By Jay Campbell
Starting in college, I became a part of communities that had a strong emphasis on Wesley’s understanding of social holiness. I was introduced to the theological foundation for justice work and it drew me in. Throughout the following years I had several chances to attend conferences focused on the church and justice.
At each of these conferences there was a panel, made up of people who had very impressive job titles at the biggest non-profits in the country, aimed at helping ordinary people engage in the work of social justice. It was inspiring to hear the amazing work these groups carried out to care for those our world calls the least of these, but little was ever shared about what ordinary people, who do not have the top jobs in the top non-profits, could do to participate in God’s work in the world. I would leave those conferences feeling overwhelmed by the need in the world, with a faith that God was cultivating to have a response, but no discernable ways I could actually help as a young ordinary person with few resources.
[How could I help] as a young ordinary person with few resources?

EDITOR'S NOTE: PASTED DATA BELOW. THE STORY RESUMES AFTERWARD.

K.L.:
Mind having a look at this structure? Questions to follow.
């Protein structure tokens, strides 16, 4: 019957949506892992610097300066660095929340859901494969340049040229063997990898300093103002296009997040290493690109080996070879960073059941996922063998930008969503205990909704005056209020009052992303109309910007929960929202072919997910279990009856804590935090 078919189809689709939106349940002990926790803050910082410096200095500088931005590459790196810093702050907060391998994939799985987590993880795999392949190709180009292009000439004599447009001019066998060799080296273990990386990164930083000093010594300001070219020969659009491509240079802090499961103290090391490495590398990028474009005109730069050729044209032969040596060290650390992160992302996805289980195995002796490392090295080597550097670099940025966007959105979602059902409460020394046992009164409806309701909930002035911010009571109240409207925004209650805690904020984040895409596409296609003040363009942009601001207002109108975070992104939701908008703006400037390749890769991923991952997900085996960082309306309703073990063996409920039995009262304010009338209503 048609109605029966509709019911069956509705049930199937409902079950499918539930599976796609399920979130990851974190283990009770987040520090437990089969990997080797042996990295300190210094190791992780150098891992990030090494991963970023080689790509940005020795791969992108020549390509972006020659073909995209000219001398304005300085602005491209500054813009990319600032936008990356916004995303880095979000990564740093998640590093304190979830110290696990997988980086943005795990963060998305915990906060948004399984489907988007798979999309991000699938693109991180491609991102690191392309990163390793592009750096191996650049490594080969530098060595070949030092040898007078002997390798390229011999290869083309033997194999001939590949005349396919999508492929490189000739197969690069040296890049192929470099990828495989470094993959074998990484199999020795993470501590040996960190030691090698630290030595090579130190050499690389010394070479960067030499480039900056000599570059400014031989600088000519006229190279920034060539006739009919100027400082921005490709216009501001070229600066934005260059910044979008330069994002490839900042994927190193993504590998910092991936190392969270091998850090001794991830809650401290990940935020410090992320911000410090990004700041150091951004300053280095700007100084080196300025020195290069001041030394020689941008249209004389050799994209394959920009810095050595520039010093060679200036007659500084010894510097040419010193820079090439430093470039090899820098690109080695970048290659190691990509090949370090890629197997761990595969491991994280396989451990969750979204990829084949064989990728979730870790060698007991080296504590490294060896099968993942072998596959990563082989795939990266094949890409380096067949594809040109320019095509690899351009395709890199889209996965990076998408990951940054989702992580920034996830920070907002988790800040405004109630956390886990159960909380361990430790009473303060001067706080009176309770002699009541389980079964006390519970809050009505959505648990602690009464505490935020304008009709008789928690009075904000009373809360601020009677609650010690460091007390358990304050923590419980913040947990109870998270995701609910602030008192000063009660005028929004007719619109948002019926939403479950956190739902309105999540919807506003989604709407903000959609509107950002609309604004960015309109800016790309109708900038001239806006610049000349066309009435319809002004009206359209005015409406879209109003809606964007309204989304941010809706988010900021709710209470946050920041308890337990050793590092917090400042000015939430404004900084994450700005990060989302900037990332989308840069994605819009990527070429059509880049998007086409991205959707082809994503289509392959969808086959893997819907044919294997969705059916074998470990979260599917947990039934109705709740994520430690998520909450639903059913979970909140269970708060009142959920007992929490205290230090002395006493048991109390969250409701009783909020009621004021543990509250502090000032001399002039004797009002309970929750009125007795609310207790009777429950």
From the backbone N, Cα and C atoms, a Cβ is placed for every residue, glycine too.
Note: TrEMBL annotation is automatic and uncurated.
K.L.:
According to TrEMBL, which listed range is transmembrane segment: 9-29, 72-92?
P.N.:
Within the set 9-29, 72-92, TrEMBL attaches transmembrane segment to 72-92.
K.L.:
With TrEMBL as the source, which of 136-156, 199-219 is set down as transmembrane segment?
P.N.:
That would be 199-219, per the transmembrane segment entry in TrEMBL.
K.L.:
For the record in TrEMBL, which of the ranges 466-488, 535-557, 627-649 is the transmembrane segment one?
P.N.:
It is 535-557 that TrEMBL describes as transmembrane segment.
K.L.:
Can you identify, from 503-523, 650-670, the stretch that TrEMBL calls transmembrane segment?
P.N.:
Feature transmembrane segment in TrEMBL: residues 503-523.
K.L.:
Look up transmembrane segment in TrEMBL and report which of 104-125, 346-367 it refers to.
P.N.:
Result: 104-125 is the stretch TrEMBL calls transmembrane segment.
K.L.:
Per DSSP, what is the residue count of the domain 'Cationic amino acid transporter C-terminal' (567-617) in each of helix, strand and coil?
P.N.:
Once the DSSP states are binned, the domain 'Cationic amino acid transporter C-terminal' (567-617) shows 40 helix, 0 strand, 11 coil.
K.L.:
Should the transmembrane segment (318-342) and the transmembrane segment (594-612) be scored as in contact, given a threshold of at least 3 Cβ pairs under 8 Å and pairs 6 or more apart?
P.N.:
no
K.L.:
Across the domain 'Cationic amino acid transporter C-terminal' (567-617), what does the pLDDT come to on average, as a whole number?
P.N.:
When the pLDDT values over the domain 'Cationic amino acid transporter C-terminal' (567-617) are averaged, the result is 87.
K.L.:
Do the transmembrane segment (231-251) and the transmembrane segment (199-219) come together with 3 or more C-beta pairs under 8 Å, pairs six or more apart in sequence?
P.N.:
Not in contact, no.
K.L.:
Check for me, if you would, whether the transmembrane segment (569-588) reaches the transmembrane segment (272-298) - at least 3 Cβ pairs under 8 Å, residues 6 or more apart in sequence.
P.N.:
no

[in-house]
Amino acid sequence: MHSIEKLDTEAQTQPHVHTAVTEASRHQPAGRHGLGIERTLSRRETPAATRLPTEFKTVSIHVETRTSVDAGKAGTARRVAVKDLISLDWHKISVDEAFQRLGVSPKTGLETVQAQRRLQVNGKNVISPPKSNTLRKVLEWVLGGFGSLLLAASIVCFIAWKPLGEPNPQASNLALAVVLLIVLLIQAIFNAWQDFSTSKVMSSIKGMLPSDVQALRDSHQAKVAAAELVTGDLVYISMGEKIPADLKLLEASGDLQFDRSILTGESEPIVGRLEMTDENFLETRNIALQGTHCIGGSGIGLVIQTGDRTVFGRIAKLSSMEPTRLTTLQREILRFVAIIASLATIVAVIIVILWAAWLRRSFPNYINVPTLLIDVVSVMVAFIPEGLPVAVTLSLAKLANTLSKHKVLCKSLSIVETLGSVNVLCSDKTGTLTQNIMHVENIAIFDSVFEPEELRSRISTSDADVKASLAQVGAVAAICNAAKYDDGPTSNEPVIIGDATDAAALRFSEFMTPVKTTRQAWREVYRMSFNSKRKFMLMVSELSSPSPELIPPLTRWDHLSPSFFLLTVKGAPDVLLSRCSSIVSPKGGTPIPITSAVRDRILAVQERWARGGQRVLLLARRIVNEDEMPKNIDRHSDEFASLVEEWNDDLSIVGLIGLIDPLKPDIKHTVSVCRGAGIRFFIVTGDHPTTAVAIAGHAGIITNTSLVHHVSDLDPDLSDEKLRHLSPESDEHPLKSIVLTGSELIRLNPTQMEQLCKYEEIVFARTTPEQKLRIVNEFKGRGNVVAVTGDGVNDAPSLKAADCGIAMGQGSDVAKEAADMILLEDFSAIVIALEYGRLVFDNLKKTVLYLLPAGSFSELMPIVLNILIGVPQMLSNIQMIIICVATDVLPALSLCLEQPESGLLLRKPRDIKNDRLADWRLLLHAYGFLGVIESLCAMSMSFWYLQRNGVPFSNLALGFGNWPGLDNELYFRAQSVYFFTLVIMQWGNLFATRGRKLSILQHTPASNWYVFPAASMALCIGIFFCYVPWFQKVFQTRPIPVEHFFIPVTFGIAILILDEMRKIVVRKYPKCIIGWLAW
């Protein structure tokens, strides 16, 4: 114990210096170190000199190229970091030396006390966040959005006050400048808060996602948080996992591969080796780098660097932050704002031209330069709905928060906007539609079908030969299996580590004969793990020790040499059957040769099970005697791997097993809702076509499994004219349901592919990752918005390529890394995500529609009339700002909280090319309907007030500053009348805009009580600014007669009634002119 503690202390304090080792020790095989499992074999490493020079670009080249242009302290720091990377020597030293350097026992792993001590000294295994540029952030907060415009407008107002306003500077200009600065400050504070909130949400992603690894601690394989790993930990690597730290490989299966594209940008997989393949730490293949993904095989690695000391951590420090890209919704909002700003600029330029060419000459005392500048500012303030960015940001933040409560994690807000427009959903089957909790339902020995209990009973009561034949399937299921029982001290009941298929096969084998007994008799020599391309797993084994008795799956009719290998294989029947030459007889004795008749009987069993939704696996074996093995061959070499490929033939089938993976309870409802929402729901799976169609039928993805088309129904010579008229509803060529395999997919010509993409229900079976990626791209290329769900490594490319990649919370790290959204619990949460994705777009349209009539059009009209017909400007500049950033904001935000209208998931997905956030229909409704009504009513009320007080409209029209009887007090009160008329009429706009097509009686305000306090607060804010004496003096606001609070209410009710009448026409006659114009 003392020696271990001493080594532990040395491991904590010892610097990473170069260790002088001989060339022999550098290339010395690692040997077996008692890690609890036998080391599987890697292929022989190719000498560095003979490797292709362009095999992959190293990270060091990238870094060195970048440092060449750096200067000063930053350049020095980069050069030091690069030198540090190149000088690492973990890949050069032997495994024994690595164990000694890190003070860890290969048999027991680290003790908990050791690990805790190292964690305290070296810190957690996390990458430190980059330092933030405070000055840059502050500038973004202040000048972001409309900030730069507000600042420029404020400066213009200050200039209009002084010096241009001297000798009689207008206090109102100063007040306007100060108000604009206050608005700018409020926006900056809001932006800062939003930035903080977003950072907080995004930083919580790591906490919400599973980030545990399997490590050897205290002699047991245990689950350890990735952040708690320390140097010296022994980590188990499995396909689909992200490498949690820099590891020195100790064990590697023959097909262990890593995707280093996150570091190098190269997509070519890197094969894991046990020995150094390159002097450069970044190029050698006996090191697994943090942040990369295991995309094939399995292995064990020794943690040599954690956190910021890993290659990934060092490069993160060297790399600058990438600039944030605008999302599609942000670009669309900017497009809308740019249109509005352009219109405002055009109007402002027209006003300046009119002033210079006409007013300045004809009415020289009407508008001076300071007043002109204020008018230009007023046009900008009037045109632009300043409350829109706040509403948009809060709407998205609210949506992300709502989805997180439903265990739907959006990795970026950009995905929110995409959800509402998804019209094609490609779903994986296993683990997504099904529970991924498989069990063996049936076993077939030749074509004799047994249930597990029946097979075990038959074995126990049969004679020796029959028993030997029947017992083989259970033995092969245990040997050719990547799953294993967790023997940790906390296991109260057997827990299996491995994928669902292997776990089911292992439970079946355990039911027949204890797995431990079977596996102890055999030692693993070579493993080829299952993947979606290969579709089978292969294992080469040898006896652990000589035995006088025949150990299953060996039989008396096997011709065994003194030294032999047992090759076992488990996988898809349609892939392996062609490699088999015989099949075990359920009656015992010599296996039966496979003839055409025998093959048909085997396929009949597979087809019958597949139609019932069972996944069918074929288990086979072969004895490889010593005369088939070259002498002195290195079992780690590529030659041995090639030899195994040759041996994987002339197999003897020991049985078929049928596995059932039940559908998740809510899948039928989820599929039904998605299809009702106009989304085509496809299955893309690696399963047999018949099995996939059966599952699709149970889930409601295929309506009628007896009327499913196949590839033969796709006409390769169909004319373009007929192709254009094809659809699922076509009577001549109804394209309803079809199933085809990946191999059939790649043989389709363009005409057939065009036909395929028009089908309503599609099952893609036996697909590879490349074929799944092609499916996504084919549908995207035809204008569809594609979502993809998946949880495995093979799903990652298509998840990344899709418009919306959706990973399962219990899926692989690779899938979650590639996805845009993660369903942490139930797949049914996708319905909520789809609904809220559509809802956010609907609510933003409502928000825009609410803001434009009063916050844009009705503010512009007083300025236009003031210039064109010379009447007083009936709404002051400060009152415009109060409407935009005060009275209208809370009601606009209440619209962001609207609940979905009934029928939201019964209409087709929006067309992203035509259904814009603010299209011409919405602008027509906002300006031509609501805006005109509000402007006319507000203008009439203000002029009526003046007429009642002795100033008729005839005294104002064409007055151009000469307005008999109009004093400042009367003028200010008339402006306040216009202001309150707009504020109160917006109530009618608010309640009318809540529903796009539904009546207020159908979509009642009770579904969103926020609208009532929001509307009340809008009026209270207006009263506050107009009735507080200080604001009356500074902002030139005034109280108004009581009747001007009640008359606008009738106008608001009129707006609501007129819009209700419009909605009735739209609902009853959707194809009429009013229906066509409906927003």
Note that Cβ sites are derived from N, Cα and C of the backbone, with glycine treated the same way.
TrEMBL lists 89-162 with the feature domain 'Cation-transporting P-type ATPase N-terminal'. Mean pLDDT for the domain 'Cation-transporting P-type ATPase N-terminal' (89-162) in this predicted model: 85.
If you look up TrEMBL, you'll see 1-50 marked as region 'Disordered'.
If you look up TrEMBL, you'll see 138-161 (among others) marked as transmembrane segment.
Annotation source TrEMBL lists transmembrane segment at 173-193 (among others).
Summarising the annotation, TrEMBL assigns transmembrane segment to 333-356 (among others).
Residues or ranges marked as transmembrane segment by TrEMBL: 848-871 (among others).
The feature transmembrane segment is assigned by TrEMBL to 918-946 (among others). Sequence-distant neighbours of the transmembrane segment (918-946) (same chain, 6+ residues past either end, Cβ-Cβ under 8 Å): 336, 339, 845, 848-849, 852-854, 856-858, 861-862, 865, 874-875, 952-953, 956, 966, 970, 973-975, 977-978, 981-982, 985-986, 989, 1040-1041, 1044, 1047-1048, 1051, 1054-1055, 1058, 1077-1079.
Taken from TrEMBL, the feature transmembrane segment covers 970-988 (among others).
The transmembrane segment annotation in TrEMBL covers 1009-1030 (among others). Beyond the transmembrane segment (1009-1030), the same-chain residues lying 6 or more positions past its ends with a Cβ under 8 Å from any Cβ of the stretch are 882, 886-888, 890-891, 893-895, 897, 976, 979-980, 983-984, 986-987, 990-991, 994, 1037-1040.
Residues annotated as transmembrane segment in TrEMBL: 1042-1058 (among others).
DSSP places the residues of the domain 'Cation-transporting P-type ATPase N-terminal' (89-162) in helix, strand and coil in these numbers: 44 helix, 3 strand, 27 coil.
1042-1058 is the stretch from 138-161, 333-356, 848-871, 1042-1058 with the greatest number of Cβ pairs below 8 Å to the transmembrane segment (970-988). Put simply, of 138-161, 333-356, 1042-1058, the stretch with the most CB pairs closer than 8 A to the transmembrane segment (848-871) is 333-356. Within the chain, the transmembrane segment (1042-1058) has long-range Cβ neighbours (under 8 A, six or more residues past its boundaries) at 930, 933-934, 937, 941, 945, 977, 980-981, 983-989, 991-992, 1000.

These experiences have led me to wonder what would happen if we considered small, doable acts of justice as part of our devotional life. We may not be able to attend every rally, stay up to date with every organization, or give to every worthy cause, but there are things we can do every day that make an impact.
We can begin by connecting with select organizations whose work connects with our faith and speaks to our heart. Through them we can sign petitions, write to our government leaders, read articles, pray over what we are reading, give when we can to support the continual work of these groups, join their advocacy networks, attend their events and/or rallies when possible, watch videos and documentaries, and attend or lead denominational and faith related events around these issues.
Our daily efforts, when combined with the daily efforts of thousands and thousands of others can make a significant difference.
These small acts can be a meaningful part of our devotional life with God. They can connect us to God’s work in the world every day and help us combine justice and prayer. Our work of justice becomes sustained by our prayer and devotional life, and our prayer life expresses itself in sustainable action reflective of God’s heart.
As we do this, we are reminded that justice is a deeply communal work. Social holiness implies the work must be social, for the social and common good but also done in a social and communal context. Our daily efforts, when combined with the daily efforts of thousands and thousands of others can make a significant difference. If we do this work alone, we will be overwhelmed and discouraged. We need each other to reflect together and encourage each other in this important work that is the church’s mission.
Discussion Question: What actionable steps can you/we take to join in the theological task of working for social holiness?